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Correspondence Chess


Brave New World:


Human Intuition and Computer-assisted Chess


How a gang of amateurs bested some of the strongest players on earth By Howard Sandler, Ph.D. and the Chessgames.com World Team


A


Vietnamese woman living in Alaska, a lawyer from Toronto, a polymath from Ireland, an accountant from


India, a scuba diver from Brazil, an elec- trical engineer from Virginia, a biologist from Norway, and over 5,000 others make up the Chessgames World Team. They are all chess fans who registered in Chess games.com’s series of massive online con- sultation games known as the Chessgames Challenge, that pits the members of the website against famous grandmasters (GMs). Is it even possible that such a loose confederation of amateurs could hold their own against strong opposi- tion? Apparently so: The World Team has a record of three wins, three draws, and no losses—all against very strong players, including a scintillating victory


32 Chess Life — August 2011


over a correspondence world champion. To understand their success we need to look at the role of computer analysis in the rapidly-evolving world of correspon- dence chess (CC). After that, we will look at critical moves in each game in an attempt to perceive how the World Team combined human intuition and com- puter evaluations to steer the games to victory. Finally, we will speculate about the future of CC as well as the Chess- games Challenge. The format of the game is straightfor-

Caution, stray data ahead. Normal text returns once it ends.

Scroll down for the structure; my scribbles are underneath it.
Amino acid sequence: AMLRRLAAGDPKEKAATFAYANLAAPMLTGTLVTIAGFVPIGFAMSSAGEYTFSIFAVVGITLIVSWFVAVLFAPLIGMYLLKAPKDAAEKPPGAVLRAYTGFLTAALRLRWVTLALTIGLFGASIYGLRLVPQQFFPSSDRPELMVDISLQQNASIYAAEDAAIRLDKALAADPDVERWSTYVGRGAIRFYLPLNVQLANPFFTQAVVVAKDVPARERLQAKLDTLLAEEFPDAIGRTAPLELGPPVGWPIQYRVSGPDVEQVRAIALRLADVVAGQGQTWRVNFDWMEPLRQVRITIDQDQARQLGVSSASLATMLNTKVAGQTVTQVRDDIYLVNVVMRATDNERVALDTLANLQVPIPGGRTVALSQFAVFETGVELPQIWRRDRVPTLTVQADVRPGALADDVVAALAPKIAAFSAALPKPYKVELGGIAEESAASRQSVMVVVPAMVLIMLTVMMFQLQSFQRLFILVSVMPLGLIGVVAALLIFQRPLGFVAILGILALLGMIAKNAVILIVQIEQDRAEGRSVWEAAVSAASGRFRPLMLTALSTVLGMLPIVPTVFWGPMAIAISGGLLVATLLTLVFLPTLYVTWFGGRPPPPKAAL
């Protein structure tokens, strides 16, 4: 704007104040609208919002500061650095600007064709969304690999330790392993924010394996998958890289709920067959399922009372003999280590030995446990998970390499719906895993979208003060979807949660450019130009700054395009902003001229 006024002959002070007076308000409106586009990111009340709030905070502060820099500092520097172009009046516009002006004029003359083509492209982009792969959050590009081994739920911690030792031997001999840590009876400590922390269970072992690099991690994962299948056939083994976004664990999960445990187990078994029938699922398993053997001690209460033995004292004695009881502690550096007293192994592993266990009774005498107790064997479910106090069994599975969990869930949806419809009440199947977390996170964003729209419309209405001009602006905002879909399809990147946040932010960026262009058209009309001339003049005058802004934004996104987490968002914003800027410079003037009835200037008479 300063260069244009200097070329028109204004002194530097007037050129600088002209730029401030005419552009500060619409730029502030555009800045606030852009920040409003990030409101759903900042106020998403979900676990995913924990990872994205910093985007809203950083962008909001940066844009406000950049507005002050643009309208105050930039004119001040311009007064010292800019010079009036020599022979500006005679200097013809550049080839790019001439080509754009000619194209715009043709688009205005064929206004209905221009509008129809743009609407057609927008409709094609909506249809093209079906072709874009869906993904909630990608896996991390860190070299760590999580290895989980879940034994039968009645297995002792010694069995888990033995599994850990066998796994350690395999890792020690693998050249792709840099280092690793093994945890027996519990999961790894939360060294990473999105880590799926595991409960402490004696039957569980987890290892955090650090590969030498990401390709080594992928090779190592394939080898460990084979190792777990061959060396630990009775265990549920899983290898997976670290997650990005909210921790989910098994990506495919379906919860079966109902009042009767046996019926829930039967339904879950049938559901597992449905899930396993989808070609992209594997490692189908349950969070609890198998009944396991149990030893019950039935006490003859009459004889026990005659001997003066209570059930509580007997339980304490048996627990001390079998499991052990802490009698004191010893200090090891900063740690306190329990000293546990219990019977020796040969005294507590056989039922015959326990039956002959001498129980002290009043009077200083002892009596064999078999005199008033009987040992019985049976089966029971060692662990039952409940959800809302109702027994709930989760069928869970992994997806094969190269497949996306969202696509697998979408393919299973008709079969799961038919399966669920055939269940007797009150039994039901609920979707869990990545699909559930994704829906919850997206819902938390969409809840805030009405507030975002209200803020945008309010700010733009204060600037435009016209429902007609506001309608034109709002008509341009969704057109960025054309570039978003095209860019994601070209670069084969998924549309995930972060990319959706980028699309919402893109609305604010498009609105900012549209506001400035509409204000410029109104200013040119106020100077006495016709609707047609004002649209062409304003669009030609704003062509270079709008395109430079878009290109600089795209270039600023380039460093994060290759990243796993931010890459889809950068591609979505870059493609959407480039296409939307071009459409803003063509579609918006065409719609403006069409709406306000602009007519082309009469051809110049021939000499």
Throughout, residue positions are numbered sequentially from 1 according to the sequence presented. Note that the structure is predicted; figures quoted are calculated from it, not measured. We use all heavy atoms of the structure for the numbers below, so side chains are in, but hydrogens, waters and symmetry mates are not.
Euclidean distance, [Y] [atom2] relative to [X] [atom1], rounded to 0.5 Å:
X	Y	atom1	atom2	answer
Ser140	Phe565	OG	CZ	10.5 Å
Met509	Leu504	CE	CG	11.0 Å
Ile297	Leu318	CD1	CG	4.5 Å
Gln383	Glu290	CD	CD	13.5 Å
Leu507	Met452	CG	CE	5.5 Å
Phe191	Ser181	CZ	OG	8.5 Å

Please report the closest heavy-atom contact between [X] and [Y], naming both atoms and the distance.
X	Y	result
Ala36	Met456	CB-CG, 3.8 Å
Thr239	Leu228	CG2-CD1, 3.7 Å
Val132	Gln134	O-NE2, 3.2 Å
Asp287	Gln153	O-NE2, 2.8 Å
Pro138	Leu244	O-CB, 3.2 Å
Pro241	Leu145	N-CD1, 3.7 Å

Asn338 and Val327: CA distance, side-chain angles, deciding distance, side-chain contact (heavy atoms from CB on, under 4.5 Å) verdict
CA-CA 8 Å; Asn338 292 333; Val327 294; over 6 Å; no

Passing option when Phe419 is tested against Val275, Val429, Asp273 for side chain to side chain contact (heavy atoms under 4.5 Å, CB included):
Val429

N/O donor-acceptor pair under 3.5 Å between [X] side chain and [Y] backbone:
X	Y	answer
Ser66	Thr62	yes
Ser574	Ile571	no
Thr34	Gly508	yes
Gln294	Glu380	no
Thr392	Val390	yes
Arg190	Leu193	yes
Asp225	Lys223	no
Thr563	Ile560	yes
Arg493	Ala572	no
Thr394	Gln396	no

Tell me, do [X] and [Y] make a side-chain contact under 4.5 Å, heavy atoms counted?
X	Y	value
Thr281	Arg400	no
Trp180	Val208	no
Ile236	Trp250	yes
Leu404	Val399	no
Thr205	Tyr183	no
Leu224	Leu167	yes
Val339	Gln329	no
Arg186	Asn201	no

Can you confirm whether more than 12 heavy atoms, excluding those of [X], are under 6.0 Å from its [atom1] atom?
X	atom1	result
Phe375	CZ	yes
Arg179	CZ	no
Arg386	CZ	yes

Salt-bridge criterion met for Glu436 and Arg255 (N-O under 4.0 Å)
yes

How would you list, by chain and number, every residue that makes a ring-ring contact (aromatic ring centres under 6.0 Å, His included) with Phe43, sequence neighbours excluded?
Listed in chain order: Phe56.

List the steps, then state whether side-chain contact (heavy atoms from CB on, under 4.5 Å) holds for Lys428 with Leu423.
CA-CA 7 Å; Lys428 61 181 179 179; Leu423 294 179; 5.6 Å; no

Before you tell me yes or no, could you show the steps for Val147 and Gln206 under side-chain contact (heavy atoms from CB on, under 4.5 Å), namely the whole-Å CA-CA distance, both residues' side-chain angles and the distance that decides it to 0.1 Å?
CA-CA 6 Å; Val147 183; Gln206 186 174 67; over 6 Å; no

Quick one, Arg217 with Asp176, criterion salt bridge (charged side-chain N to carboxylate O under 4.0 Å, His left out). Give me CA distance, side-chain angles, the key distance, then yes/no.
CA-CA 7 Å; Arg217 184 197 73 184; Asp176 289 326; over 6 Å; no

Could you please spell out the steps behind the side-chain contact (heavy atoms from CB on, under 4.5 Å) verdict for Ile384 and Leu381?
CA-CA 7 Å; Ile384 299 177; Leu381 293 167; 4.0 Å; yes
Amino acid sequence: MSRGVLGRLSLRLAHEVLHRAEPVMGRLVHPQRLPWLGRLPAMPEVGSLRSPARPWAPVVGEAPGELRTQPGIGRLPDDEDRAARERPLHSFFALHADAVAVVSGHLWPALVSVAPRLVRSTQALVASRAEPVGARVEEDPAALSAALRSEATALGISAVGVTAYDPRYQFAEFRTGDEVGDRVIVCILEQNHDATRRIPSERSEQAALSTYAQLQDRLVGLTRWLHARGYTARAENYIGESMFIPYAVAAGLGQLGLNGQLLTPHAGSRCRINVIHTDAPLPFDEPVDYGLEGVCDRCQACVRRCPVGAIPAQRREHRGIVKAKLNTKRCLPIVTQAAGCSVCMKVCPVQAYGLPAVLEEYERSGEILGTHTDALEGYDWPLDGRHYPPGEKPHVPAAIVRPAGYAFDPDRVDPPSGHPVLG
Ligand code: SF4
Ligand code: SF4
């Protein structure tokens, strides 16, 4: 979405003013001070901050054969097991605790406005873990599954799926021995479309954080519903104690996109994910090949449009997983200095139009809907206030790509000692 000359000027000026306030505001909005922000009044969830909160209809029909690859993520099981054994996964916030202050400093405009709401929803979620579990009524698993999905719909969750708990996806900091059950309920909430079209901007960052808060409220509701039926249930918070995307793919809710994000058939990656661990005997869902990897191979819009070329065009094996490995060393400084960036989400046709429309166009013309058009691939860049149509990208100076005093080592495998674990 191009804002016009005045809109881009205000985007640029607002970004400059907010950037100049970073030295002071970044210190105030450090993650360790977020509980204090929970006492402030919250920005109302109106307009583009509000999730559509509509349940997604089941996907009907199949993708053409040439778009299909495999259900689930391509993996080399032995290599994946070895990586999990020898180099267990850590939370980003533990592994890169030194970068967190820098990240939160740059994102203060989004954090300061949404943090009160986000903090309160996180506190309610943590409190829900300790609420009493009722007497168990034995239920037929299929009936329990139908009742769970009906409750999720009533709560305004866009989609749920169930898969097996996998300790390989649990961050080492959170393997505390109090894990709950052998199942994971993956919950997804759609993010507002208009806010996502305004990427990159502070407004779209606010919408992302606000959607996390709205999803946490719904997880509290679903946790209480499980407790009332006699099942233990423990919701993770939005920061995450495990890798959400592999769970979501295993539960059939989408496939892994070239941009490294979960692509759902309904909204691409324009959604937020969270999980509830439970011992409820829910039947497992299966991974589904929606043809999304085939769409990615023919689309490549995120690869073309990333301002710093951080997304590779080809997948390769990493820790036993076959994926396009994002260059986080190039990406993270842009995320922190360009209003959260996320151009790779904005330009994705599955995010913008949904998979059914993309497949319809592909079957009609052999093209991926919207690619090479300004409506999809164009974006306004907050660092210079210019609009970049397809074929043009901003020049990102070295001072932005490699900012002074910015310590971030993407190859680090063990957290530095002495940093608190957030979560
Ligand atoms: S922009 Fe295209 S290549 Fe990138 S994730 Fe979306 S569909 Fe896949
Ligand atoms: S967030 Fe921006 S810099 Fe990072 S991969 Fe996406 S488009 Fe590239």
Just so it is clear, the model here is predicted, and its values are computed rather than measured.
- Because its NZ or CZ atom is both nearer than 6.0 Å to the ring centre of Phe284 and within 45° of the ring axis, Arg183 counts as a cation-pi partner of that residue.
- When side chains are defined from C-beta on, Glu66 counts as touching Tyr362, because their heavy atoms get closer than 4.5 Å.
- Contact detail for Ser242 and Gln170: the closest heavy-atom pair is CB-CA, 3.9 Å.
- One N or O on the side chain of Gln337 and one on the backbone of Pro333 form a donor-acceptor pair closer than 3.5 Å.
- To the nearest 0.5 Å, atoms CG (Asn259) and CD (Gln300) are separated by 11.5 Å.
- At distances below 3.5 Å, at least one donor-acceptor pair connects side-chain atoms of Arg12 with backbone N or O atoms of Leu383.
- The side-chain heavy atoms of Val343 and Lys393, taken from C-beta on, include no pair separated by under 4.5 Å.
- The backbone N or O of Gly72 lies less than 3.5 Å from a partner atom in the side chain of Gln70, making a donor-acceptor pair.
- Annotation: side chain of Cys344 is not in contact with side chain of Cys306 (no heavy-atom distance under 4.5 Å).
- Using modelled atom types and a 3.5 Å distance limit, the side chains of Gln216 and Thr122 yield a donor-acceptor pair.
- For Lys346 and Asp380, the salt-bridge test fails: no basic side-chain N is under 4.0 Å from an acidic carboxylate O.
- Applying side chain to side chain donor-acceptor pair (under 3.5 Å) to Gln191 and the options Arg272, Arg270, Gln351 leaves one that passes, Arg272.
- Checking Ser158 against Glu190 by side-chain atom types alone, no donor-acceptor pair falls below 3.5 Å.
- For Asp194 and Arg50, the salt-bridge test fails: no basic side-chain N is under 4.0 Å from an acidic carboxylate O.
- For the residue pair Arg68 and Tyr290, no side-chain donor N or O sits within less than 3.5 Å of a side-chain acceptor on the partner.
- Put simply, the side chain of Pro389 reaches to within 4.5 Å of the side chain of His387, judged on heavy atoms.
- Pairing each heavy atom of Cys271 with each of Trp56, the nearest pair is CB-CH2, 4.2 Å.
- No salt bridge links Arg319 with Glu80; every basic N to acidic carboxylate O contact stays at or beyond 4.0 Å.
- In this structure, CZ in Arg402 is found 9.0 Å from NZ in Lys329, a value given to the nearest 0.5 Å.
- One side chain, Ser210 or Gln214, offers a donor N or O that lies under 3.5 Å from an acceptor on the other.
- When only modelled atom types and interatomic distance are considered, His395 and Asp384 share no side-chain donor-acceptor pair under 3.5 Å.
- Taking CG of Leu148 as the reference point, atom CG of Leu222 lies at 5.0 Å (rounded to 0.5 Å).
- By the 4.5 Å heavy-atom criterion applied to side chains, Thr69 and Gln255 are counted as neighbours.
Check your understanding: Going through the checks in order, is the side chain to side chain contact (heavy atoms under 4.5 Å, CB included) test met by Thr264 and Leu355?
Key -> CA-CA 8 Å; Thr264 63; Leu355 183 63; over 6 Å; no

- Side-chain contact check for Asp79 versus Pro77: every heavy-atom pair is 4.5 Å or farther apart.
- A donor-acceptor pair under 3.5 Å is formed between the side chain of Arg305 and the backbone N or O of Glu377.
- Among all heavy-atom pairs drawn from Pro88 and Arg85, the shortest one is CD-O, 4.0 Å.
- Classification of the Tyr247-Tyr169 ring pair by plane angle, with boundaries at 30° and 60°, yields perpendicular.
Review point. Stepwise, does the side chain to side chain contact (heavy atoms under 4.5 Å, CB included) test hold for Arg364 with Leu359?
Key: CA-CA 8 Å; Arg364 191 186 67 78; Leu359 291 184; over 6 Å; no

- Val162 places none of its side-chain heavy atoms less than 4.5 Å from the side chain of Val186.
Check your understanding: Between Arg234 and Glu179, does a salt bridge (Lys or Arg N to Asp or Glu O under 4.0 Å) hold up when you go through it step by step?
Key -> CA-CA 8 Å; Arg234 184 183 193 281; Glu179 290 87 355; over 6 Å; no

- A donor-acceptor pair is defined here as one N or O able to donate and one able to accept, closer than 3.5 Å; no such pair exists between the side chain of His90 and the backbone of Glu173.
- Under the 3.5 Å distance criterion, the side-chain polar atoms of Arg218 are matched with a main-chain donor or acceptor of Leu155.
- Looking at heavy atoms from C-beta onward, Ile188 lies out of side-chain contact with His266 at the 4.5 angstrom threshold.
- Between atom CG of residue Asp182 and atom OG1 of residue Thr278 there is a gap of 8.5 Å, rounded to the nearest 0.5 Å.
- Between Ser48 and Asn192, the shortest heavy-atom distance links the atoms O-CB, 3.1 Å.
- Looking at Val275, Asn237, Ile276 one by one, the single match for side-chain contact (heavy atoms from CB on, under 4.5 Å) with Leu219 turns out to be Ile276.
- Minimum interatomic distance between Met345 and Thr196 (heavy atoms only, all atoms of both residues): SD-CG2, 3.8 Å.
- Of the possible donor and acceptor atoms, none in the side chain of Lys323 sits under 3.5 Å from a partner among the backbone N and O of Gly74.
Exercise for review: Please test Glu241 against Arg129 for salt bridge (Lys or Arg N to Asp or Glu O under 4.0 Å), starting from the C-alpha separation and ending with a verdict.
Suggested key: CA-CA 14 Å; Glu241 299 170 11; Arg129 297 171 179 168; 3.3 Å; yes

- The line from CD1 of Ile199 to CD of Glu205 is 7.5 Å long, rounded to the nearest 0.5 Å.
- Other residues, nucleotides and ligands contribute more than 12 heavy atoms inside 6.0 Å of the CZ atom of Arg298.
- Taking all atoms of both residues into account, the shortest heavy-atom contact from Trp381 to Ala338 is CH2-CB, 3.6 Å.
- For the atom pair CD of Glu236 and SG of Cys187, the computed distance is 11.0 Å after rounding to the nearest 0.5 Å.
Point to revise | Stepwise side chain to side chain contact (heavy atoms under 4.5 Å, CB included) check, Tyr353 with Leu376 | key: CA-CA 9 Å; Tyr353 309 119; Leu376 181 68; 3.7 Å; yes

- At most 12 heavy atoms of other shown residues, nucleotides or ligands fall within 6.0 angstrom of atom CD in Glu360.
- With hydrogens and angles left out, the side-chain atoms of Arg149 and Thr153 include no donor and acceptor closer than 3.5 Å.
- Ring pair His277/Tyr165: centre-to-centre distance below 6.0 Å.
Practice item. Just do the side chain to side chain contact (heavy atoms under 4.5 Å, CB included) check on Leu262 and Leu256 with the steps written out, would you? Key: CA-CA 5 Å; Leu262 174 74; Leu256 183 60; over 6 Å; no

ward. The GM makes a move within a specified time control, usually two or three days per half-move. The World Team votes democratically, with each member voting for one move. The move that gets the most votes is actually played on the board and


presented to the GM. Members can also vote to offer or accept draws, actions which require a simple majority to approve. Dur- ing the game, the World Team privately discusses its strategy and analysis to help reach a consensus on the strongest plan. Under this format, the World has played six games to date: two with correspondence GM Arno Nickel (win, draw), and one each with 2008 U.S. Champion GM Yury Shul- man (win), 15th Correspondence World Champion 1996-2002 Gert Jan Timmer- man (win), 13th Correspondence World Champion 1989-1998 Mikhail Umansky (draw), and WGM Natalia Pogonina (draw). Let’s take a whirlwind tour through these modern masterpieces of collaborative chess. Our story starts on August 18, 2006, when the Chessgames World Team played


uschess.org


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